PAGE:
At the heart of every horror movie waits the tragedy of those who die too young. Some may argue that anyone who dies of unnatural causes dies too young. Those people have never seen the horror movies on this list. With the right mix of ruthless maniacs and obnoxious victims a murder scene can quickly become a public service.
You’ve heard of the killers—Michael Myers, Jason Voorhees, Angela, Cropsy—but do you know their victims? These are the ones who couldn’t get away because they were too stupid, too arrogant, too selfish, too abrasive, too obnoxious, too bitchy, too gangsta, too sleazy, too whiny, and even too retarded. In summary, yes, they deserved to die, and we hope they burn in Hell!
11. House of Wax (2005)
The Victim: Paige Edwards (Paris Hilton)
The Setup: Six friends encounter a ghost town where the only remaining life is two murderous psychopaths, who are keeping the family wax museum in operation one dead body at a time. Paris Hilton—need I say more?
The Punishment: Paige is one of the unlucky six, but really the primary one that makes us feel unlucky for buying a ticket. Thankfully, this piece of crap is no longer cluttering up our movie theaters, but any time you want to see one of the more obnoxious characters in horror movies, you can always head down to the local video store and rent this one.
(Those still out there?)
Anyhow, Paige acts exactly like the young lady, who plays her, and no, that is not a compliment. Please don’t take this as a death threat, Paris Hilton, but Paige just had to go. And go she did! In fitting fashion, Paige gets her brains poled out. Paris wouldn’t want it any other way.
10. Sleepaway Camp (1983)
The Victim: Kenny (John E. Dunn)
The Setup: Sleepaway Camp did The Crying Game long before there was a crying game, and it was a lot scarier and more shocking in 1983 than it ever was in the 1992 crime-drama. While there were many victims in Sleepaway Camp who you could make a case for, including Ms. Hair-Curler-to-the-Lady-Parts, the most annoying was a punk kid named Kenny, who pitched in with the bullies just so he wouldn’t get the crap kicked out of him.
The Punishment: Kenny annoys you throughout because he’s one of these guys—and they’re out there—who has Little Man’s Syndrome. You know the type. Not very big, but they want you to think they’re tough, so they make sure they pick on people with the help of a support group. But perhaps more annoying than that is the song Kenny sings just before his killer pops up under the overturned boat where he waits on what he believes will be a piece of tail. Kenny gets drowned by what is essentially a pre-teen girl. Take that, you sissified piece of garbage with a mullet.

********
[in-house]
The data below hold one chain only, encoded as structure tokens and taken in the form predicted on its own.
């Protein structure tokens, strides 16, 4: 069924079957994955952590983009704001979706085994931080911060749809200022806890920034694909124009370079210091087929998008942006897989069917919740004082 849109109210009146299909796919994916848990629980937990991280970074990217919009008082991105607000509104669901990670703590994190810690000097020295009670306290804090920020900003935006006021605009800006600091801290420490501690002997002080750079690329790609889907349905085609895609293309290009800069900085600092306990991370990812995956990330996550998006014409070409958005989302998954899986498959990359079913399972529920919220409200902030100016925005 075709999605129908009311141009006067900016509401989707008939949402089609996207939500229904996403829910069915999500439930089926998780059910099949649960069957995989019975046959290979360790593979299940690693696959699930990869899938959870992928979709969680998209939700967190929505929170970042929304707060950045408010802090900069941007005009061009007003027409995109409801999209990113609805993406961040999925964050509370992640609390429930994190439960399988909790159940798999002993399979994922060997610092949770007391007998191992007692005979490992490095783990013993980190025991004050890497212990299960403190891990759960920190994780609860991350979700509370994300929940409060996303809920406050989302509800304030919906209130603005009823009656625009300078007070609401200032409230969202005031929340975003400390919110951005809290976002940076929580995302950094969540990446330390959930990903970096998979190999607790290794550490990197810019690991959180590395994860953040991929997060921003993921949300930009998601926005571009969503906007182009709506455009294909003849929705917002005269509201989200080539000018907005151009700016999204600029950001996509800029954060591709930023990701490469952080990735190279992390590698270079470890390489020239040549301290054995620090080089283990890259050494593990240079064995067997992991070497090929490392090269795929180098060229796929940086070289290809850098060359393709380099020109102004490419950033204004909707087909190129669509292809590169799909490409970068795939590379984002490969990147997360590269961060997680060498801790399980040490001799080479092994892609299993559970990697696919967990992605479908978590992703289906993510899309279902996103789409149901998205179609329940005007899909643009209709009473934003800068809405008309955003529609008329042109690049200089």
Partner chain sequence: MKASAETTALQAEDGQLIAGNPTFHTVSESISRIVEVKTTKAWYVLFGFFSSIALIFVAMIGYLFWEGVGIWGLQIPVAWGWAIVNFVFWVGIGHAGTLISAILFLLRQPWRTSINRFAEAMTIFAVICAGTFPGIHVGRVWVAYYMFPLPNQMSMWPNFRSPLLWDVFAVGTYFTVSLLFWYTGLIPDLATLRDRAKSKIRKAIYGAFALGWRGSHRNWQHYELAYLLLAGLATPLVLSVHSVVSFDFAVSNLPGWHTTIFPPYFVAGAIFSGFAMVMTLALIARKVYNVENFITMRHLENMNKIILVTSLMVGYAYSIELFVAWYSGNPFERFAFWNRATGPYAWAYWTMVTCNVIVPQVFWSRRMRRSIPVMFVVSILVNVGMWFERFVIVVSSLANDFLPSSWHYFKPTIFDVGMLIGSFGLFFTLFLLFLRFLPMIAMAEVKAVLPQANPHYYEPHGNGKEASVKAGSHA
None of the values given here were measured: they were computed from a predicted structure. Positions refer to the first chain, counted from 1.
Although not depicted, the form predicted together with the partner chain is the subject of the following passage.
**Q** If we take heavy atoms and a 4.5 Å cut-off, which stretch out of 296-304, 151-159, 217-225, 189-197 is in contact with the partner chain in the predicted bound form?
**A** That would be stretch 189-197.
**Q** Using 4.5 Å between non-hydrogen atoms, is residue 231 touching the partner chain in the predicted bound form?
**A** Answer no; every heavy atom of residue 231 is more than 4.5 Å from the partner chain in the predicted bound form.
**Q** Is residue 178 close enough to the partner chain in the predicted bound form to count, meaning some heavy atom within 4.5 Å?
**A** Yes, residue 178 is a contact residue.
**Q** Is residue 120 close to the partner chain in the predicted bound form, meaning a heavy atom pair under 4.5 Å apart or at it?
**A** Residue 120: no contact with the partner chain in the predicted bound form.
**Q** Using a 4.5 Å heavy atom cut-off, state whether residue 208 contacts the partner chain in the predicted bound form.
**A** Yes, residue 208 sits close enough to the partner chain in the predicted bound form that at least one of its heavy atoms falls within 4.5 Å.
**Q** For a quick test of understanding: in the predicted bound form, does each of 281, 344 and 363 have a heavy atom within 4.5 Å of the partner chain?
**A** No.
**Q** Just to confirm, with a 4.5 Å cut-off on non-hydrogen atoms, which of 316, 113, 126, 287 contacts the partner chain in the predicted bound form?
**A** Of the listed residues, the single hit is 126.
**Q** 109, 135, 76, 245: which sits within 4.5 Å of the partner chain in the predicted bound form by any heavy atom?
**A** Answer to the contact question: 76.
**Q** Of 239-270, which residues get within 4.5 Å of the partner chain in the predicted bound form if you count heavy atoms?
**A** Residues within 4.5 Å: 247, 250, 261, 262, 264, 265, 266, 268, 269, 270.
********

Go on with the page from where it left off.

9. Cheerleader Camp (1988)
The Victim: Timmy Moser (Travis McKenna)
The Setup: Cheerleader Camp’s classic looking video box of a skeleton in cheerleader drag hints at what should be the greatest slasher movie of all time, but it never quite rises to its potential. Part of the reason is because of a douche bag named Brent Hoover and his tubby friend Timmy. While I could have done without both these guys, Timmy was pound-for-pound more annoying, and we all know what happens to fat people in horror movies.
The Punishment: Timmy and Brent lead one of the worst rap routines ever filmed or recorded, setting white rappers back 10 years. If not for Eminem, they’d still be suffering the aftereffects of this and Vanilla Ice. As punishment for the rap (and for being fat—horror movie rule not mine), Timmy is gutted like a Christmas turkey.
8. Halloween II (1981)
The Victim: Budd (Leo Rossi)
The second entry in the popular Halloween series starts where the 1978 original ends. It all takes place on the same night making Michael Myers into one of the most prolific mass murderers per film capita. It wasn’t until he crossed paths with Budd, an EMT at Haddonfield’s city hospital that he really did the world a favor.
Budd first gets on audience nerves when he cites some fictitious rule book as obnoxious characters are wont to do in horror movies. “Rule number one, don’t get involved with patients!” He then takes off on the old gospel hymn “Amazing Grace” with a questionable rewrite of the lyrics. Aside from fashioning himself a ladies man, Budd is a character just void of any human decency.
Thankfully, we’ve got Michael to put him out of our misery. The scene happens mostly off-screen, and is somewhat disappointing in that regard, when Budd goes to check on the thermostat to the hospital hot tub.
7. The Burning (1981)
The Victim: Glazer (Larry Joshua)
The Setup: Set at a summer camp where a charred maniac makes mincemeat out of mostly likeable teenagers with garden sheers, the only weak link in the sympathy chain was Glazer.
The Punishment: Glazer uses the fact that he is older and bigger than the other kids as a ticket to respect. Again, what good are horror movies if they can’t deliver just desserts to the people who torment others to feel better about their selves? And just what could be troubling Glazer? How about the fact that he’s a Minute-Man in the sack? Luckily, Cropsy puts the erectile dysfunction case at rest with a tree trunk and those trusty sheers.
6. Happy Birthday to Me (1981)
The Victim: Greg Hellman (Richard Rebiere)
The Setup: Virginia “Ginny” Wainwright has a bad feeling that she may be a killer. When her so-called friends at the Crawford Academy—the self-proclaimed Top Ten—start dying in horrible ways, Ginny has vivid memories of their murders.
The Punishment: Greg Hellman is the type of guy that snaps photos of his crap and sends it to everyone he knows before flushing. He is so full of himself that he honestly believes there’s nothing he can do wrong. He takes great pride in his looks and his muscles, which is kind of funny because it seems to me that when the killer receives an opportunity to 1-8-7 him, it’s because Greg can’t lift 225 pounds one time.